Although the United States is not a leading buyer of Russian oil, its allies are likely to come under pressure to also wean their economies off Russian energy.
The U.S. announcement will also intensify the impact of the war on a global economy already suffering supply shortages and price surges as it lurches out of the pandemic crisis. In the United States, gas pump prices have already hit a record since Russia launched the invasion.
“That’s the cost of standing up for freedom and standing alongside the Ukrainian people, but it’s going to cost us,” U.S. Senator Chris Coons, a Democrat, told CNN.
Britain’s Shell, (SHEL.L) one of several Western oil majors to announce it is pulling out of Russian projects, went further on Tuesday, saying it would no longer buy any Russian oil or gas and apologising for buying a Russian crude shipment last week.
The war could also worsen global shortages of other commodities since both Russia and Ukraine are major exporters of food and metals. Trade in London of the industrial metal Nickel was suspended on Tuesday after prices doubled within hours.
Corridors to let civilians escape and allow aid reach besieged areas have been the main subject of talks between Russian and Ukrainian delegations.
Russia’s Interfax news agency said Moscow was opening humanitarian corridors for the cities of Sumy, Mariupol, Cherhihiv, Kharkiv and the capital Kyiv.
Ukraine has rejected Russian proposals for Kharkiv and Kyiv that would lead evacuees to Russia or its ally Belarus. Earlier attempts at the weekend to evacuate residents from Mariupol failed, with each side accusing the other of continuing to fire.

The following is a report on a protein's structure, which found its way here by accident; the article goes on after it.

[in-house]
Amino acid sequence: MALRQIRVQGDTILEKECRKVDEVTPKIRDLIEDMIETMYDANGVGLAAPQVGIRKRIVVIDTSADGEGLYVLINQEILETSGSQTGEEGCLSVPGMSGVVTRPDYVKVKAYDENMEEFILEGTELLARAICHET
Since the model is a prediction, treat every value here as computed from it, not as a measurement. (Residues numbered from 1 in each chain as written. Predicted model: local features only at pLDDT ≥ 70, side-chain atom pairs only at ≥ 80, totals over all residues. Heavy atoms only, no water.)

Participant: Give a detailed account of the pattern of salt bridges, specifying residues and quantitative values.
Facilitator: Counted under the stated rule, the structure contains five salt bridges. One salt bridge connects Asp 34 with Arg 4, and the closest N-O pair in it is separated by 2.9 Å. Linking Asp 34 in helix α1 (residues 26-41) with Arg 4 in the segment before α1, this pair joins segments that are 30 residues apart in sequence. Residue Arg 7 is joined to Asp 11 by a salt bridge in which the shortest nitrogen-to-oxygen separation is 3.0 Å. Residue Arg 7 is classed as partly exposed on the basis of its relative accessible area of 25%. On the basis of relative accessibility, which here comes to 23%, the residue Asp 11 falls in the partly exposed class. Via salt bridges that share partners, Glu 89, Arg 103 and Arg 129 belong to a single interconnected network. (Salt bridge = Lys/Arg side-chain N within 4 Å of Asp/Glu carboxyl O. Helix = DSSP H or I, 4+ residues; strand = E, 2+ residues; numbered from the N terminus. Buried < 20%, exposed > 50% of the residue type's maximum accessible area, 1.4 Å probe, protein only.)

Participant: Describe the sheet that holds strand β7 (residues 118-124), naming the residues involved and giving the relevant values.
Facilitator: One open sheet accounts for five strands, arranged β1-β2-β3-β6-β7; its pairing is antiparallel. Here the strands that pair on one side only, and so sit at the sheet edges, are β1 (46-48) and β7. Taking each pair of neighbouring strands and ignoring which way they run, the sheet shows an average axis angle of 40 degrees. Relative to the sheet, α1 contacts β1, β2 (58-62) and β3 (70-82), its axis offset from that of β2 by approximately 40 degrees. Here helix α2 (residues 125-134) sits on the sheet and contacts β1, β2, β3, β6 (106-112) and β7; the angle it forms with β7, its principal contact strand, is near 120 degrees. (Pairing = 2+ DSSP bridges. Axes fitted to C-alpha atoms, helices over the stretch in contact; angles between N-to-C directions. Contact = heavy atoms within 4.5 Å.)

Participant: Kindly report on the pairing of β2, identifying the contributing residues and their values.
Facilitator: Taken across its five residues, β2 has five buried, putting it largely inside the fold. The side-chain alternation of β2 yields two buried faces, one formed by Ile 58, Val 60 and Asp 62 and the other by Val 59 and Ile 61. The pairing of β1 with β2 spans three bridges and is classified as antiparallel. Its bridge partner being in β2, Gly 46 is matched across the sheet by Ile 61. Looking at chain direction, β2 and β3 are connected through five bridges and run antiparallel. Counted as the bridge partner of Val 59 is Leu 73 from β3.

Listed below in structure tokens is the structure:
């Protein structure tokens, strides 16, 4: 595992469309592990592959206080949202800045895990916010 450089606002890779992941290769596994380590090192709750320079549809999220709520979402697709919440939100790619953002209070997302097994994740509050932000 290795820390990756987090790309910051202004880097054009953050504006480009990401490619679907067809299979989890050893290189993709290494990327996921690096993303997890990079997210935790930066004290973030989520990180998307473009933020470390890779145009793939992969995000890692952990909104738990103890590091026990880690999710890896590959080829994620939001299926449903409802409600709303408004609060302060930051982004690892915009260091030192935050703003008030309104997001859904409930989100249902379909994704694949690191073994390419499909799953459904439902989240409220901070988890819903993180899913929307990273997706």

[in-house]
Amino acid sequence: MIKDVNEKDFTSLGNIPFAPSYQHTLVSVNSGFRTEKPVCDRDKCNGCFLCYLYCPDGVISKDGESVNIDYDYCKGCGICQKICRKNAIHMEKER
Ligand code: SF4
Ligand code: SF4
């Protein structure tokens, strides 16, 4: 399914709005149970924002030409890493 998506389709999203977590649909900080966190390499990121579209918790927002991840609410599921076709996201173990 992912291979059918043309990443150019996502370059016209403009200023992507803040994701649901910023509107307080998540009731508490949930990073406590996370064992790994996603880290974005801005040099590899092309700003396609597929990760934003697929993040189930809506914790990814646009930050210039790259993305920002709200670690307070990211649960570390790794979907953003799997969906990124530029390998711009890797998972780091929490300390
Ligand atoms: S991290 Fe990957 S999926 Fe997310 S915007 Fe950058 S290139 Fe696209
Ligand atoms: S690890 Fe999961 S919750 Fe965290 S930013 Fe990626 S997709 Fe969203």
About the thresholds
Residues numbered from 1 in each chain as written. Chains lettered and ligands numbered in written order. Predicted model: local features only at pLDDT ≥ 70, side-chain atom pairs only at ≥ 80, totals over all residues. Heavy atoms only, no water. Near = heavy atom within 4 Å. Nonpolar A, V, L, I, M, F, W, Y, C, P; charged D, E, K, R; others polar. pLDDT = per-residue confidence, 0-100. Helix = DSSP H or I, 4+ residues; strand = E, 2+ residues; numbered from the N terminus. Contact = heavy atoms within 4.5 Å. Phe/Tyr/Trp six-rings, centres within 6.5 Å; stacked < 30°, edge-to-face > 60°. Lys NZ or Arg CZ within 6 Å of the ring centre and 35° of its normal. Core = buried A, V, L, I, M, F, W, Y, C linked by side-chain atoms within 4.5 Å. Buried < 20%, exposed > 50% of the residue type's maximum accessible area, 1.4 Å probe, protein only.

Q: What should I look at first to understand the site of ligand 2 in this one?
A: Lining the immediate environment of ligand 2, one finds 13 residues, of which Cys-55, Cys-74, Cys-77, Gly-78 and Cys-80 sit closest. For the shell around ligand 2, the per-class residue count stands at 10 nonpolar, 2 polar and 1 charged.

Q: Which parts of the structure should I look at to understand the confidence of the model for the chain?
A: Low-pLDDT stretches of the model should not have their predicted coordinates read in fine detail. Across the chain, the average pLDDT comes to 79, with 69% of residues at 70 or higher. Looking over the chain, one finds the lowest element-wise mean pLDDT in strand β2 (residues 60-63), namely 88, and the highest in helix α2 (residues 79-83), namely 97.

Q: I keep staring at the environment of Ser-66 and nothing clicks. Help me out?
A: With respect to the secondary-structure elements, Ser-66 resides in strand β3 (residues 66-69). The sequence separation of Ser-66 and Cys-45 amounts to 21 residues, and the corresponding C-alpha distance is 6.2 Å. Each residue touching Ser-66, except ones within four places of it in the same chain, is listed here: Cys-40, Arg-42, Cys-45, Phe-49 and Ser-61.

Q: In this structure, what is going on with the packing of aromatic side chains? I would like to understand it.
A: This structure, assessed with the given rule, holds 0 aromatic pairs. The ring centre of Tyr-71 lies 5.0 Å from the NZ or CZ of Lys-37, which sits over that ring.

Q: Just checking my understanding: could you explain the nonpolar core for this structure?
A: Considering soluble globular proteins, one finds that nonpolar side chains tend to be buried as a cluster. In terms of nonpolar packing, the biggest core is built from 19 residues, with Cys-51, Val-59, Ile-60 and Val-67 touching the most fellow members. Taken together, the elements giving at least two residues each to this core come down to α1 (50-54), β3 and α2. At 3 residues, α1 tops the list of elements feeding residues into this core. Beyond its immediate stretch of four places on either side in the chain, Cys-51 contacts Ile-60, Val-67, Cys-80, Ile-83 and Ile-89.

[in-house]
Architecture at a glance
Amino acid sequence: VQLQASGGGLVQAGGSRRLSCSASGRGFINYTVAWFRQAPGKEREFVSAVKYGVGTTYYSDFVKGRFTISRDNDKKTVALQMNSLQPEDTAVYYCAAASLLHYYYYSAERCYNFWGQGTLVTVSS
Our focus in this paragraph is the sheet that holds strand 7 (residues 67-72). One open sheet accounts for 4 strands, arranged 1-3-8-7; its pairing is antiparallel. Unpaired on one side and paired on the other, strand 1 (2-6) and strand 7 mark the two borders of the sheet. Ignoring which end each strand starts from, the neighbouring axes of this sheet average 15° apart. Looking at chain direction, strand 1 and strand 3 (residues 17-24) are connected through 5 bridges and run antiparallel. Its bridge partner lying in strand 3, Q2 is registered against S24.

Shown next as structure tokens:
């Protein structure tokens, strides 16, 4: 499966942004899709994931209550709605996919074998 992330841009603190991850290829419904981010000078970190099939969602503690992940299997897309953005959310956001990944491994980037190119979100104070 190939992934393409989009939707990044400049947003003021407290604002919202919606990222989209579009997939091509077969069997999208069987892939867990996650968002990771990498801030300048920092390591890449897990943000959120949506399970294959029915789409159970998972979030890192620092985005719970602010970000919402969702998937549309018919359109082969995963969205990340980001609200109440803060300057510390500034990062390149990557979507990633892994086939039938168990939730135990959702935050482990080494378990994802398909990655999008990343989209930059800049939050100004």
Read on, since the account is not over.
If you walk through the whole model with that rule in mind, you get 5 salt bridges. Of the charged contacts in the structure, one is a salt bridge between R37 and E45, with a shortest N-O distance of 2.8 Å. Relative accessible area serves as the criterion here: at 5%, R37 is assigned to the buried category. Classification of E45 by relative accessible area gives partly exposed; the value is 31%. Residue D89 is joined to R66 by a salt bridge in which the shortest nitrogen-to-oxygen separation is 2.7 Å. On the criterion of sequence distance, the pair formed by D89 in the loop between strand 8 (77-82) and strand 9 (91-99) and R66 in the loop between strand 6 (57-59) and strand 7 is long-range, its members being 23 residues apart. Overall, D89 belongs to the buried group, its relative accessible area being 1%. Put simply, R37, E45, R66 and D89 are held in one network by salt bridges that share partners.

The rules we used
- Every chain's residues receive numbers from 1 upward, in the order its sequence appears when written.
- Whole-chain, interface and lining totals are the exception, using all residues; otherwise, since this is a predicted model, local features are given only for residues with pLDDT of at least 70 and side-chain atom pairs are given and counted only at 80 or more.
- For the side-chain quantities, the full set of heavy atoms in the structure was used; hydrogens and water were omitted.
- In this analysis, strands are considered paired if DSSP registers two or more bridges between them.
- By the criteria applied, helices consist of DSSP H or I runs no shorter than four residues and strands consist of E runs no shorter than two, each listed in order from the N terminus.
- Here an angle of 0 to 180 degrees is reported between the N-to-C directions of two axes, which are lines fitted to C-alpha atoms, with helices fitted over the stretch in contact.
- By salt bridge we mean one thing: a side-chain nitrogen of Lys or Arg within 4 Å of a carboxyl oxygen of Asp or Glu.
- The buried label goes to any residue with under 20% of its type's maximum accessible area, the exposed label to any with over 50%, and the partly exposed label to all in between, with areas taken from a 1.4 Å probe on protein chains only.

Moscow said Ukrainian authorities had endorsed only one civilian evacuation route out of 10 proposed, Interfax reported.
Western countries say Russia’s initial battle plan for a rapid strike to topple the Kyiv government failed in the early days of the war, and Moscow has adjusted tactics for longer sieges of cities.
“The tempo of the enemy’s advance has slowed considerably, and in certain directions where they were advancing it has practically stopped,” Ukrainian presidential adviser Oleksiy Arestovych told a televised briefing on Tuesday.
Ukraine’s defence ministry said Vitaly Gerasimov, first deputy commander of Russia’s 41st army, was killed on Monday, the second Russian major general killed since the invasion began. Russia’s defence ministry could not be reached for comment.
The main Russian assault force heading towards Kyiv has been stuck on a road north of the capital. But to the south, Russia has made more progress along the Black and Azov Sea coasts.
Within Russia, the war has led to a severe new crackdown on dissent, with the last remaining independent media largely shut last week and foreign broadcasters banned.
Russian police arrested at least 100 protesters against the invasion of Ukraine on Tuesday, the OVD-Info monitoring group said. There was no immediate comment from the police.
The top U.N. human rights official, Michelle Bachelet, said earlier that 12,700 people in Russia had already been detained at anti-war demonstrations.
Register now for FREE unlimited access to Reuters.com
Reporting by Reuters bureaus; Writing by Peter Graff and Angus MacSwan, Editing by Tomasz Janowski and Gareth Jones
Our Standards: The Thomson Reuters Trust Principles.
George is Digismak’s reported cum editor with 13 years of experience in Journalism